Tom Cruise! Spaceships! Robots (well, drones)! Explosions! Destruction of Earth! Where could it possibly go wrong for Joseph Kosinksi’s Oblivion? Freyja suggests right around the beginning of the third act.
Joseph Kosinski’s Oblivion, based on a graphic novel treatment he co-wrote, is set in the not-sodistant future, after the world has been all but destroyed in a war between Earth and the alien Scavs.
The film follows drone repairman Jack Harper (Tom Cruise) and his partner Victoria (Andrea Riseborough) monitoring and repairing equipment set up to provide power for a human colony on Titan. They are seemingly the last two people on Earth and only have two weeks to go before their mission is complete. Only two weeks? Well, obviously, everything is going to go swimmingly, right?
Then Julie shows up.
Much has been said of Oblivion ‘borrowing’ from other great sci-fi movies and you can’t deny some very recognisable shots and ideas. Name-checking them here would be a little spoiler heavy, but just know they are there. Perhaps you can make a game of spotting them?
Cruise’s Harper reminds us why Tom Cruise is Tom Cruise. Not Tom Cruise the media circus act, but Tom Cruise the crowd-winning film hero. He plays his part really well, rounding out a character who is struggling to find answers in the world whilst also kicking ass. Not to mention his heart-warming scenes with Bob. You’ll see Tom Cruise the action star, Tom Cruise the romancer, Tom Cruise the pained, Tom Cruise the gardener, Tom Cruise the confused, Tom Cruise the smile. You will be fully Tom Cruised.
Olga Kurylenko does well enough as Julie. However, the character is too undeveloped to evoke the emotional attachment the filmmakers seem to want from the audience. One is expected to immediately be on side with her and really feel for her. But her story arc is almost non-existent and the actress never quite seems to have enough to sink her teeth into. Whilst integral to the story, she is almost a bum note, thinly written and a little dull.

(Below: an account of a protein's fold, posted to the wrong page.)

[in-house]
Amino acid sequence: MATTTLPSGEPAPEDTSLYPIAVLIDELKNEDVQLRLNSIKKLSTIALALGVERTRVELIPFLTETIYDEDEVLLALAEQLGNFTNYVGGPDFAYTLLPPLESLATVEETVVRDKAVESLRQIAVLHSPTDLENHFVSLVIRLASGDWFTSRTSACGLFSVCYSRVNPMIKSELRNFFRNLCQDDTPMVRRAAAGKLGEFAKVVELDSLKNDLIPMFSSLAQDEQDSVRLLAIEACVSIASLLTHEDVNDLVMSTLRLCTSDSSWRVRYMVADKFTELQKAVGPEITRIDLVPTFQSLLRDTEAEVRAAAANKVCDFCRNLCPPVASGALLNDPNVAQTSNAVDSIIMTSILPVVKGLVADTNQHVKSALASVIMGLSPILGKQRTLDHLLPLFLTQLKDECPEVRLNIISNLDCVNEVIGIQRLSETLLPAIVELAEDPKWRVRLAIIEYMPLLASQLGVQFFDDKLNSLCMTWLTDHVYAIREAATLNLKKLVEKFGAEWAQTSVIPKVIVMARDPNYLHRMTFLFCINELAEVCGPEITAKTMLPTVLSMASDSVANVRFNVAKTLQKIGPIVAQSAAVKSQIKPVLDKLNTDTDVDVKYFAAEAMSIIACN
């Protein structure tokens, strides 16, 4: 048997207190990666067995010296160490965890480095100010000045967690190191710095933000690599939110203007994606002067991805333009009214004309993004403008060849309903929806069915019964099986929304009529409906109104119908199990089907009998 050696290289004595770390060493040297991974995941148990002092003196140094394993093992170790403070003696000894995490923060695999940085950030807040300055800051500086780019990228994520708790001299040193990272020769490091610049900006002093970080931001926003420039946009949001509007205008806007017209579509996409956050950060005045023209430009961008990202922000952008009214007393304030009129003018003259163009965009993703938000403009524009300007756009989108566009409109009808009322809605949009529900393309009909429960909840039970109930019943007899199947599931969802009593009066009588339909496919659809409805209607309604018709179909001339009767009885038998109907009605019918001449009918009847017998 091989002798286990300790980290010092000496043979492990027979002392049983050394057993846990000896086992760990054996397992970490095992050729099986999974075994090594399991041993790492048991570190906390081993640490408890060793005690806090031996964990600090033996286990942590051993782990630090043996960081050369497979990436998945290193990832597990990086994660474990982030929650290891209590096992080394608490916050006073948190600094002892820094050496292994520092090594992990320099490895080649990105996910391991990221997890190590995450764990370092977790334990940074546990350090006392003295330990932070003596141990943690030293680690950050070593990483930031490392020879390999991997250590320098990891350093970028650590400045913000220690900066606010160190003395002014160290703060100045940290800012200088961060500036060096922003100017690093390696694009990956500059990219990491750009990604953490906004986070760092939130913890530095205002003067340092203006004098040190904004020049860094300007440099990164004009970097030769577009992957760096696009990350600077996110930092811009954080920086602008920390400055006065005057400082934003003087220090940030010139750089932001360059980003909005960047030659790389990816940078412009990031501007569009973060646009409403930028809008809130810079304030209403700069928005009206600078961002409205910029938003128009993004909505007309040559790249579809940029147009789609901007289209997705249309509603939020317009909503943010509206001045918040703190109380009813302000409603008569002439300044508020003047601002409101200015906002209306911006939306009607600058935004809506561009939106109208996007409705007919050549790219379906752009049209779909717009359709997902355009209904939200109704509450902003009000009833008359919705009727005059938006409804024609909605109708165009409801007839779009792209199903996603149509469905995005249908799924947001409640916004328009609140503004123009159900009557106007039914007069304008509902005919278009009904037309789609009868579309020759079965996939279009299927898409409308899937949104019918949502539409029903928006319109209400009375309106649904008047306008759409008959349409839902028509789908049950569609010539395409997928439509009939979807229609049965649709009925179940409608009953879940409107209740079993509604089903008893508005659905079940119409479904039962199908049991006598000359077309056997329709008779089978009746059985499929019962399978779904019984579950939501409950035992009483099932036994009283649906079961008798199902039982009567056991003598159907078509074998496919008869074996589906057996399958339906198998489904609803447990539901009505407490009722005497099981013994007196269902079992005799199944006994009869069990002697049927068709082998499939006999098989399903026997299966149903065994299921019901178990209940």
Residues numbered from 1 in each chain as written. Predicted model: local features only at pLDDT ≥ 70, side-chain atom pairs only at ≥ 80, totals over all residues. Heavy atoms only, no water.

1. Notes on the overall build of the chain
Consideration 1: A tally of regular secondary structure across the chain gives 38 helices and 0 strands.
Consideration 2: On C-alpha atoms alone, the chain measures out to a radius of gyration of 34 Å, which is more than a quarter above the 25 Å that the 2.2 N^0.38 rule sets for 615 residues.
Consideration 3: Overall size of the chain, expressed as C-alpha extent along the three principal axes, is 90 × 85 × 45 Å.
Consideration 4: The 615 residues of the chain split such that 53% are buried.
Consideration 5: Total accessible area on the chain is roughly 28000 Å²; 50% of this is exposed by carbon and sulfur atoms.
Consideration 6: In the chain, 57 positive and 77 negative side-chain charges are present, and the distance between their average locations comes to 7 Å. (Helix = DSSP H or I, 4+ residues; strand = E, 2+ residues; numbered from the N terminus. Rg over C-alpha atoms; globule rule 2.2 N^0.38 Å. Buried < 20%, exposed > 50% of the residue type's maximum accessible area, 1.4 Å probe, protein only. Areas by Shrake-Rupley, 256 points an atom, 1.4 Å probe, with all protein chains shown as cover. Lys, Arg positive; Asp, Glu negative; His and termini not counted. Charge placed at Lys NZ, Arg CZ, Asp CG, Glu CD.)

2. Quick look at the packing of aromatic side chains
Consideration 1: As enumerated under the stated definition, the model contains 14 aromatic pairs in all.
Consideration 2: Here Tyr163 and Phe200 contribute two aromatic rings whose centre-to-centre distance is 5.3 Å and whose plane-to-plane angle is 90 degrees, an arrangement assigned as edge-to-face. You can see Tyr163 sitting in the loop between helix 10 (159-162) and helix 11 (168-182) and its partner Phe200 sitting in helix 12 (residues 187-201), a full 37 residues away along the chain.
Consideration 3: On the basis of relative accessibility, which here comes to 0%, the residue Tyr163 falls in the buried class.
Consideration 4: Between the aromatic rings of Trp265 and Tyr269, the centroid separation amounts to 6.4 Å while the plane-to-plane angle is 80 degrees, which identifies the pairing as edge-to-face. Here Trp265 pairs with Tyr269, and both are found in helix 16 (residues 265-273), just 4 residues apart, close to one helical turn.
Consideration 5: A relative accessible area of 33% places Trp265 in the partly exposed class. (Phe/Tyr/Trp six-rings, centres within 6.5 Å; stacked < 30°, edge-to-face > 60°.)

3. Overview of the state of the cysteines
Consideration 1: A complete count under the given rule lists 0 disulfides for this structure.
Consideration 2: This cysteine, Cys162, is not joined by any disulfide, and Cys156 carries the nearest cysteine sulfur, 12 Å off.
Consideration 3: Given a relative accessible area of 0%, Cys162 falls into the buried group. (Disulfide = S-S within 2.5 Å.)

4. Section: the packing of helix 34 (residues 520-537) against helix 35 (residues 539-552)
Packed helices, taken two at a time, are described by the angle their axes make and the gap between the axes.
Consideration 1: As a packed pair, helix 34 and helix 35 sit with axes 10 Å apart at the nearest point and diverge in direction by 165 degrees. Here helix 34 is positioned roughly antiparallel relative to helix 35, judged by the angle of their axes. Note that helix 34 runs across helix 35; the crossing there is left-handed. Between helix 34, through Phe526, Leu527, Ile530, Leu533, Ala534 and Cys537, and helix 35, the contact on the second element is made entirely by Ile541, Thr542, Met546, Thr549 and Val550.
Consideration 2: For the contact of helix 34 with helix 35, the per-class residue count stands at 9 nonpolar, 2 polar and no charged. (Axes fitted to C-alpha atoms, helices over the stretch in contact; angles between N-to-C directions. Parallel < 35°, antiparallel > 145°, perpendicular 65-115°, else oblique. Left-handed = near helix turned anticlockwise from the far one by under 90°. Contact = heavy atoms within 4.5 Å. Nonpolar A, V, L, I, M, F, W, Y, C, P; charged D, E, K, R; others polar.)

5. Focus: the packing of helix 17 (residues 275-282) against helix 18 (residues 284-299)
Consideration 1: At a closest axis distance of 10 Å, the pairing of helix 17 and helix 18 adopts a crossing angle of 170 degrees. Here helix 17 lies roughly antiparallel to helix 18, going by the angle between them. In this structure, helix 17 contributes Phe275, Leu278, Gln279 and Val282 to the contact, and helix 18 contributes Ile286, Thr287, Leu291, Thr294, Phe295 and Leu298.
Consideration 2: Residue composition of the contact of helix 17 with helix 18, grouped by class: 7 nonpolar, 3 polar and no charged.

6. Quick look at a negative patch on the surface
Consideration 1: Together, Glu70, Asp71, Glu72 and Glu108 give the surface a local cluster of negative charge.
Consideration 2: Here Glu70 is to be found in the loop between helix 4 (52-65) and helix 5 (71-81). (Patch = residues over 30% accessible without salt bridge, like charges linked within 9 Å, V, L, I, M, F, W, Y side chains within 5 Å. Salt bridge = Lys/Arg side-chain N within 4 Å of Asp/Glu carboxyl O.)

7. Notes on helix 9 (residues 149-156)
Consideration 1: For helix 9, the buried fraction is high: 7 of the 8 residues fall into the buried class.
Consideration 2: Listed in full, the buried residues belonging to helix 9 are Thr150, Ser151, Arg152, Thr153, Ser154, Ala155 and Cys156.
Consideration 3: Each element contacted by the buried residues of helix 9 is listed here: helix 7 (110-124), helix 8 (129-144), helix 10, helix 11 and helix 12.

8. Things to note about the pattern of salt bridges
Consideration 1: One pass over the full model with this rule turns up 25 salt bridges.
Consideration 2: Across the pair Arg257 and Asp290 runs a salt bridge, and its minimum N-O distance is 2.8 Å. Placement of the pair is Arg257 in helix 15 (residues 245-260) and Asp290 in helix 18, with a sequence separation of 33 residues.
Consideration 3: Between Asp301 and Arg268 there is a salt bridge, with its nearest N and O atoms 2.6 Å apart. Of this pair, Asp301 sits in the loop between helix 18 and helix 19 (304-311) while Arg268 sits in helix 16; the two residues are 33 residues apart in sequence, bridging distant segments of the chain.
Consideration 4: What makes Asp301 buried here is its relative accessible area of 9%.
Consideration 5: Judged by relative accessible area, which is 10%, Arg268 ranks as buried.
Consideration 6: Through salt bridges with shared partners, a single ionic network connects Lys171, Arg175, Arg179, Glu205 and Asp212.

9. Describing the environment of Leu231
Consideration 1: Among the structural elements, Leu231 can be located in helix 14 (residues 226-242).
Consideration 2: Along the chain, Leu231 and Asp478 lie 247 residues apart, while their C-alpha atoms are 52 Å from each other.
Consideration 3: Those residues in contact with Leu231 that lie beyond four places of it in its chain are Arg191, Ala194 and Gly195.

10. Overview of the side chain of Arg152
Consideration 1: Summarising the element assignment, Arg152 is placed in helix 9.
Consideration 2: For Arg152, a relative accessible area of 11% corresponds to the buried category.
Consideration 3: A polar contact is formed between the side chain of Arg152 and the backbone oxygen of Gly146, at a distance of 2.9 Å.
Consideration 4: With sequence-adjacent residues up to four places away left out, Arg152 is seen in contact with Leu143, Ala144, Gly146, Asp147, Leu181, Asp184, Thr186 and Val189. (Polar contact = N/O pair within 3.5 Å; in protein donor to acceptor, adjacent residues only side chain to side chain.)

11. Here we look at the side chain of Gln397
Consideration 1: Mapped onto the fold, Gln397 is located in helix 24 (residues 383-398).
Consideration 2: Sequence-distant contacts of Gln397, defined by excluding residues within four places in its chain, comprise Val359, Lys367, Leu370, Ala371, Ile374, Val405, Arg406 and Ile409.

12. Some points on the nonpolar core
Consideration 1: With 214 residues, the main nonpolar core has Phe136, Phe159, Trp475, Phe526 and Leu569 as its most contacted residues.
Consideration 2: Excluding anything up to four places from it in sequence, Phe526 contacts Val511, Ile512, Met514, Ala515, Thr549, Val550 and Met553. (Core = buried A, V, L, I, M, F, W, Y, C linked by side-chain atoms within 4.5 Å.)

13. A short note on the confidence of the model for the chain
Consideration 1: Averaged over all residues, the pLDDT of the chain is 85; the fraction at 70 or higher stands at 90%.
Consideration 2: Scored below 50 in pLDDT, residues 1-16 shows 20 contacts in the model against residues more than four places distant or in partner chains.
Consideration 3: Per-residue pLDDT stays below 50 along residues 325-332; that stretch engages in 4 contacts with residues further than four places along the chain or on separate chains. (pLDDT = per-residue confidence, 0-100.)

Riseborough’s Vic on the other hand is beautiful. And I’m not talking physically (although she is). She is such a complex character: awkward yet loving, a rule-follower yet a fighter, stern yet empathetic. And, boy, does Riseborough know how to time a tear. She rides the line in between main and supporting character and you’re not really sure if you’re meant to root for her, but you do. Her final scene is unexpected but perfectly judged. Her character would be easily overlooked but she is a true stand out of the film.
The cinematography is striking. One can only imagine the fun Claudio Miranda had building this futuristic world, lots of clean lines and technical designs, in amongst the never-ending deserts and destructed world. The special effects are perfectly integrated, impressive and a little breath-taking. If you’re interested in that kind of thing, read up on how they replaced blue screen with 21 projectors and a large muslin backdrop. It’s pretty cool.
Action-wise, it isn’t as full blown explody as one might expect. Not to say there aren’t terrific chases, buildings collapsing and bullets flying everywhere; it’s just there is a lot of time dedicated to not blowing things up too. The high octane action set pieces are limited. One scene that really didn’t work was a chase scene involving Harper, Julie and some unhappy drones. It was hard to feel the tension with Harper and Julie sat in a flying ship. Aside from Harper’s arm moving slightly to drive the vehicle, watching them sat stationary just doesn’t have the same impact as seeing someone running, jumping and fleeing for their life.
The film is ultimately let down by its plot. The initial premise does stand out on its own and the first half (maybe even two thirds) has the potential to do something interesting and really play with the genre. However as the story picks up, it stumbles into very familiar territory. The premise could have been ace but the three big reveals are obvious, as if pulled straight out of a ‘how to win over test audiences’ hat. The second half feels like a different movie, something added on because “these are the things that happen in films.” And trust me, you’ll recognise a lot of them.
Kosinki needs to pick a side: action-adventure blockbuster to impress the masses or contemplative indie-piece, beautiful and slow. Then perhaps he could have dedicated enough time to bring the story up to scratch with the other pieces of the film.
Flimsy, predictable and beautiful to look at. If you like a bit of thought mixed in with mindless action and Tom Cruise, grab some popcorn and don’t expect too much. If you like your sci-fi as high-octane as Transformers, or as intellectual as Moon, stay away.
Oblivion is out now.